Mentioned many times in dispatches throughout his Gallic and Civil wars, Julius Caesar’s war commentaries make it clear that the 10th legion was no ordinary unit. Under Caesar they were elevated to the position of an elite battlefield guard and very much identified with their commander, becoming the nucleus of his Roman military forces. 


The 10th legion, known as ‘Equistres’ (mounted), is thought to have been raised by Caesar personally in around 61 BCE when he was governor of the Spanish province, Hispania Ulterior. However, even this is uncertain, with some historians arguing that the legion may have been of Italian origin. 


Having shown good service in Spain, the 10th was one of the six legions that Caesar took with him when he countered a mass Helvetic migration into Italy and subsequently joined his invasion of greater Gaul in 58 BCE. The 10th was clearly his most trusted soldiers.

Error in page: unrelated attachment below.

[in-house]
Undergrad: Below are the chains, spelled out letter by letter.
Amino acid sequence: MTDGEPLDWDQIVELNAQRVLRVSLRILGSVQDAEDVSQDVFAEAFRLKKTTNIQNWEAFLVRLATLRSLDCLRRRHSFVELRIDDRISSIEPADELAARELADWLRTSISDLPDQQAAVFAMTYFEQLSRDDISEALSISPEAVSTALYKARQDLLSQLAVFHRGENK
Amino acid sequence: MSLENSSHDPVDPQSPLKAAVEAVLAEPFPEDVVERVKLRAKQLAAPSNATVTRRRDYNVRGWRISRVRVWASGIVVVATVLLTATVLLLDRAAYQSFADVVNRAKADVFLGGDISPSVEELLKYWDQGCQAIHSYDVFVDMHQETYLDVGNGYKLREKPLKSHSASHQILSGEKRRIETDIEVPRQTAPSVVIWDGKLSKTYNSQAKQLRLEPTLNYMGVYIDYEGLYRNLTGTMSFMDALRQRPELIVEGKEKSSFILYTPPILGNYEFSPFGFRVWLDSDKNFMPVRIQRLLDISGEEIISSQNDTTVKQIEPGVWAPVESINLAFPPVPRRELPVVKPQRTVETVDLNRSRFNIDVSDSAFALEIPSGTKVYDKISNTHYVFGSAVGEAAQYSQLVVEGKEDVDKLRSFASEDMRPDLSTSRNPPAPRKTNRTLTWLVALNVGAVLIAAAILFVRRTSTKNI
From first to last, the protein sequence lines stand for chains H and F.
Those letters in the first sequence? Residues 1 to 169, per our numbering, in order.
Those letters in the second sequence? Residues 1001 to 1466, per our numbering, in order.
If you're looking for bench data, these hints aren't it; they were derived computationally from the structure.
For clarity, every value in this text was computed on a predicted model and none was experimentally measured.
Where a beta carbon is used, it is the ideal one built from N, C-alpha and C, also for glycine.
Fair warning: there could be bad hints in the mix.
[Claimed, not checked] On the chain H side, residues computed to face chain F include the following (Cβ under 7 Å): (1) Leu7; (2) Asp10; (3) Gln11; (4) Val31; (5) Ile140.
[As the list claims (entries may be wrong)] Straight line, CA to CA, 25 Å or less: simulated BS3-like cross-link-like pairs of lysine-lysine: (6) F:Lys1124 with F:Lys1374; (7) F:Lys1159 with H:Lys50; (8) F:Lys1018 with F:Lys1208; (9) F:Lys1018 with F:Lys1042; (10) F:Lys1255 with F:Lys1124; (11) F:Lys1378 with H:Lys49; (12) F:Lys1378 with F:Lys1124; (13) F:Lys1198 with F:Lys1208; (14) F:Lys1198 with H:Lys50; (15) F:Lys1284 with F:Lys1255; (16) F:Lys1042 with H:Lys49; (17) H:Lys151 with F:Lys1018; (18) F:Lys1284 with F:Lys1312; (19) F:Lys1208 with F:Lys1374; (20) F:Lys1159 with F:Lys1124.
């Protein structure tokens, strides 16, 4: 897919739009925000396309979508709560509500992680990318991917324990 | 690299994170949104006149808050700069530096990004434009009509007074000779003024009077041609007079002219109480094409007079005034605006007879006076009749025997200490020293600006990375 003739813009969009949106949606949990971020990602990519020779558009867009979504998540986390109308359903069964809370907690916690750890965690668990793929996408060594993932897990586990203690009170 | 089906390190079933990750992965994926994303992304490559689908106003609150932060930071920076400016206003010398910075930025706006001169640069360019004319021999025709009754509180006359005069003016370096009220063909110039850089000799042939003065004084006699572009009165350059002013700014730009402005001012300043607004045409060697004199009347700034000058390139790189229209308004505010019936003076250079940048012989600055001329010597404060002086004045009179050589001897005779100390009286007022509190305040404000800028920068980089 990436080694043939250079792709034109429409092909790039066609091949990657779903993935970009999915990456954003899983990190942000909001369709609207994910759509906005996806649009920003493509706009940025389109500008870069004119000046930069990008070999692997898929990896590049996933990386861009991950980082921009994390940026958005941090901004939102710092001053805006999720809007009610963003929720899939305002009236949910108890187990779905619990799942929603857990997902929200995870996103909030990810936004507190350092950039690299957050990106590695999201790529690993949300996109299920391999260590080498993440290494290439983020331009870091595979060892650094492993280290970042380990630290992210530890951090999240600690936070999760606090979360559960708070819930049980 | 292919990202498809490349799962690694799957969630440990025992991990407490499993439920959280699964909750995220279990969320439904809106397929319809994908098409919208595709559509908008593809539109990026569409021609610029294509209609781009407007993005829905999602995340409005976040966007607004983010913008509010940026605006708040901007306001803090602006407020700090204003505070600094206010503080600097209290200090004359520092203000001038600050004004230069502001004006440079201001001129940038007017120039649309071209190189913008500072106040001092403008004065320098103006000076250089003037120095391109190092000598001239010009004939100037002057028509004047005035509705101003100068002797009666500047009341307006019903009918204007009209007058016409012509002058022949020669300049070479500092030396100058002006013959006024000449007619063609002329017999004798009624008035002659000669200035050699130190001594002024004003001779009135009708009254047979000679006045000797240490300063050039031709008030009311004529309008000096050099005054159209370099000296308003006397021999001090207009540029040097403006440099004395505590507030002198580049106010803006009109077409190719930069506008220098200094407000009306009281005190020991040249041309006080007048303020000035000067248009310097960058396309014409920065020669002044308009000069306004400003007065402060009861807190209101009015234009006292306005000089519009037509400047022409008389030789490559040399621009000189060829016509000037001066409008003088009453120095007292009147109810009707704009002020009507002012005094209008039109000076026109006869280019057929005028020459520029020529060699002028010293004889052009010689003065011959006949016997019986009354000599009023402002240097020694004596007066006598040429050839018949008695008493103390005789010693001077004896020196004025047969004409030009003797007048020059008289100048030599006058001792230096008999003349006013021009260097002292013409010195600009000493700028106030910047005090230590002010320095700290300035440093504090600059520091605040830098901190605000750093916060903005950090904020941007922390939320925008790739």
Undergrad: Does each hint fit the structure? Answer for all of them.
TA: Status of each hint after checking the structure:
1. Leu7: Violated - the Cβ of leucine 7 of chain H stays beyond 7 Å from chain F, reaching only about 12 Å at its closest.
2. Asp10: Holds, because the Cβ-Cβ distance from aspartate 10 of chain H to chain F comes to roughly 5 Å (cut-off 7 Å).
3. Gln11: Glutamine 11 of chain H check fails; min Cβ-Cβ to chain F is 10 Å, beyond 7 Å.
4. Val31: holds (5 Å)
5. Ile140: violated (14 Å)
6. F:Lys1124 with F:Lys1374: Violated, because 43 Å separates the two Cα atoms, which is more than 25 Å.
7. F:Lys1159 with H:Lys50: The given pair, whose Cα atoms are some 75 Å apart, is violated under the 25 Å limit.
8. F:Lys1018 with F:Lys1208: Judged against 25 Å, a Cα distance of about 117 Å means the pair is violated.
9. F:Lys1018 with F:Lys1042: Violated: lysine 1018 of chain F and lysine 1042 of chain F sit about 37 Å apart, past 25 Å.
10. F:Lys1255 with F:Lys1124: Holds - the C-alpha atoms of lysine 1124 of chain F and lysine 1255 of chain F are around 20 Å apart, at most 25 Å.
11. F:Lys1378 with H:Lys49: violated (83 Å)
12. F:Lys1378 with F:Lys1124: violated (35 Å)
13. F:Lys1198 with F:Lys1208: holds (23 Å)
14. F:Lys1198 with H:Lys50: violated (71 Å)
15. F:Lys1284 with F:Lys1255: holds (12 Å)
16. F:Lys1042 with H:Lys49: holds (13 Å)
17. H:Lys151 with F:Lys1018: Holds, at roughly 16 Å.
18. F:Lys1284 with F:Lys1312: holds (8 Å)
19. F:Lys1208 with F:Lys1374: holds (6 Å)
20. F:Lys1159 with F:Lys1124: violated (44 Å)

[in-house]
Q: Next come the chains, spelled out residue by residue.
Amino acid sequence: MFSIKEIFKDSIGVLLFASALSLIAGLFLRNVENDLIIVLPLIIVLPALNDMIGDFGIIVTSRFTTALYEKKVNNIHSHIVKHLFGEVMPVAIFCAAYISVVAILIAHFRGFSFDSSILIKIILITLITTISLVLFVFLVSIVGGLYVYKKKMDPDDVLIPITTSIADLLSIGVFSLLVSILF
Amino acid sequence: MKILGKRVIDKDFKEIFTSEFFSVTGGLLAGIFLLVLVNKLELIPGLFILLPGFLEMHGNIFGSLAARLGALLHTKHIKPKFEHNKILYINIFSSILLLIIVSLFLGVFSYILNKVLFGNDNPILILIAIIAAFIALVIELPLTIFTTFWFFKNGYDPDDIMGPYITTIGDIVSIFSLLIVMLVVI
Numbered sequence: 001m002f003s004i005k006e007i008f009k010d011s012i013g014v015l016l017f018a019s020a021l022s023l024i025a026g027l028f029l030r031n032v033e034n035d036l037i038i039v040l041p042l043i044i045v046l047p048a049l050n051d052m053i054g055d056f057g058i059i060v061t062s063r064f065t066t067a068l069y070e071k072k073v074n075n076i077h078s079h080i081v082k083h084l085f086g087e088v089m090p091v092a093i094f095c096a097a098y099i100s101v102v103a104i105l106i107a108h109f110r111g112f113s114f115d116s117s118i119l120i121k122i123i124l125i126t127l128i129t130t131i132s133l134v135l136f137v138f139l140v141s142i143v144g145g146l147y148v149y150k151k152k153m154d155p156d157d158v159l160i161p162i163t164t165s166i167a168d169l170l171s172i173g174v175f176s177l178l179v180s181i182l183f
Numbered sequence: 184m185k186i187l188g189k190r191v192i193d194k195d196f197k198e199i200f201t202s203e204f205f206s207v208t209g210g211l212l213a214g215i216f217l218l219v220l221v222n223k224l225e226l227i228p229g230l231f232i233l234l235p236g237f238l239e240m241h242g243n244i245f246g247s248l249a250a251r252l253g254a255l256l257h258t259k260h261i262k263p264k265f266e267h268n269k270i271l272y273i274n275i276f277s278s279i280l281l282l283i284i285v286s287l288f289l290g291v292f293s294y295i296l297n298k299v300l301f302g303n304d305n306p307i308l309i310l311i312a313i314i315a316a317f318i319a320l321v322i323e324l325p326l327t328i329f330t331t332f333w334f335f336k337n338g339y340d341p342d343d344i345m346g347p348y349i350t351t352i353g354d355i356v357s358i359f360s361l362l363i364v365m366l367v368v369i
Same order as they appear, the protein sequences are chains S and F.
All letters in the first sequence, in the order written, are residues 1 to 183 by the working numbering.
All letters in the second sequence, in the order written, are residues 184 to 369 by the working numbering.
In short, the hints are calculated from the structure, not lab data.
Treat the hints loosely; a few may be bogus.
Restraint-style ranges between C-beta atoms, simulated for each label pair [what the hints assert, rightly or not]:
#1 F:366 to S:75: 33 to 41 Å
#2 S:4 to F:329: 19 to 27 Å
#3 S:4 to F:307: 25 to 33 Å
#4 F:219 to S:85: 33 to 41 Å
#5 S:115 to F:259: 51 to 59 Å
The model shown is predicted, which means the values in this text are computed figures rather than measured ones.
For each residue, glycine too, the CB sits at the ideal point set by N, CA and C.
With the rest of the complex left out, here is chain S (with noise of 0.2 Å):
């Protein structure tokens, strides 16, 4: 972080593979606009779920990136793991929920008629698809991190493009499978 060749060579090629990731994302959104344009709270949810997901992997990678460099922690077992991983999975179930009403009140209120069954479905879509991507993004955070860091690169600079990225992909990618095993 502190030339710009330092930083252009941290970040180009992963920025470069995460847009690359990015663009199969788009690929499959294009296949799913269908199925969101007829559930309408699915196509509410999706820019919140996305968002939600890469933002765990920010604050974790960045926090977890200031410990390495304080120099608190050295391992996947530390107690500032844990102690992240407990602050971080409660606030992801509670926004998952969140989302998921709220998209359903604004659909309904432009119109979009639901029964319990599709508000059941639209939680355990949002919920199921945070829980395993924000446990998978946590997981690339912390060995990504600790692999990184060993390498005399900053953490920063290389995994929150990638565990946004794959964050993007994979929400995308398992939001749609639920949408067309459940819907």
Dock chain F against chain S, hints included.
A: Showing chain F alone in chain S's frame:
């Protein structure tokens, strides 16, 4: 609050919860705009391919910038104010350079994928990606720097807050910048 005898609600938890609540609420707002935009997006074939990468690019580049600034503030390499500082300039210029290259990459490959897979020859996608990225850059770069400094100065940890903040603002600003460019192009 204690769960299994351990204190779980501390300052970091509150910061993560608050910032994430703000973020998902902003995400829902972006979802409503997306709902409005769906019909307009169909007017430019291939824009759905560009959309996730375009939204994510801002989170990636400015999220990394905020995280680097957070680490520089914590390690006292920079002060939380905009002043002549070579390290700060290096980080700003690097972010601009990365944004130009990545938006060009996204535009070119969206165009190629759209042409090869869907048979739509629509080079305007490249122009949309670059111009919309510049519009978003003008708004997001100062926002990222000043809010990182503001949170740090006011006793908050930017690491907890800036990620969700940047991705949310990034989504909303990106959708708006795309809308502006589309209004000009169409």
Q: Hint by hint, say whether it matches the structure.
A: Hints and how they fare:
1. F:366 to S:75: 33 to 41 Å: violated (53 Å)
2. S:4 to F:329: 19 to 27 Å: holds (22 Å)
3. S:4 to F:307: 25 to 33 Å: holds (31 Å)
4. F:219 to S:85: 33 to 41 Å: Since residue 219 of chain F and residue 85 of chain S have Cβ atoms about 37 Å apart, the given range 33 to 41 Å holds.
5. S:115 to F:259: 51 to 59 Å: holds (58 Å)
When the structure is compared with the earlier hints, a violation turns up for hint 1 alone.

Unusually earning the legion name ‘Equistres’ early in his campaign, Caesar tells us that he used elements of the 10th as a mounted personal bodyguard while parlaying with the barbarian Germanic chieftain, Ariovistus, a warrior whose people had encroached into Gaul. 


Leveraging his elevation of the 10th legion to both shame and motivate his other troops, Caesar showed that he was a master of troop manipulation:


“If no one else would follow him, he would go all the same, accompanied only by the 10th legion; of its loyalty he had no doubt, and it should serve him as a bodyguard. (Caesar had placed the highest confidence in this legion for its bravery and had shown it particular favor)”
[Caesar, Gallic Wars, 1.40]


This was highly unusual, and in no other Roman history do we hear of legionaries being used in this ad hoc mounted guard role; the soldiers themselves even joked about their elevated social status to that of knights.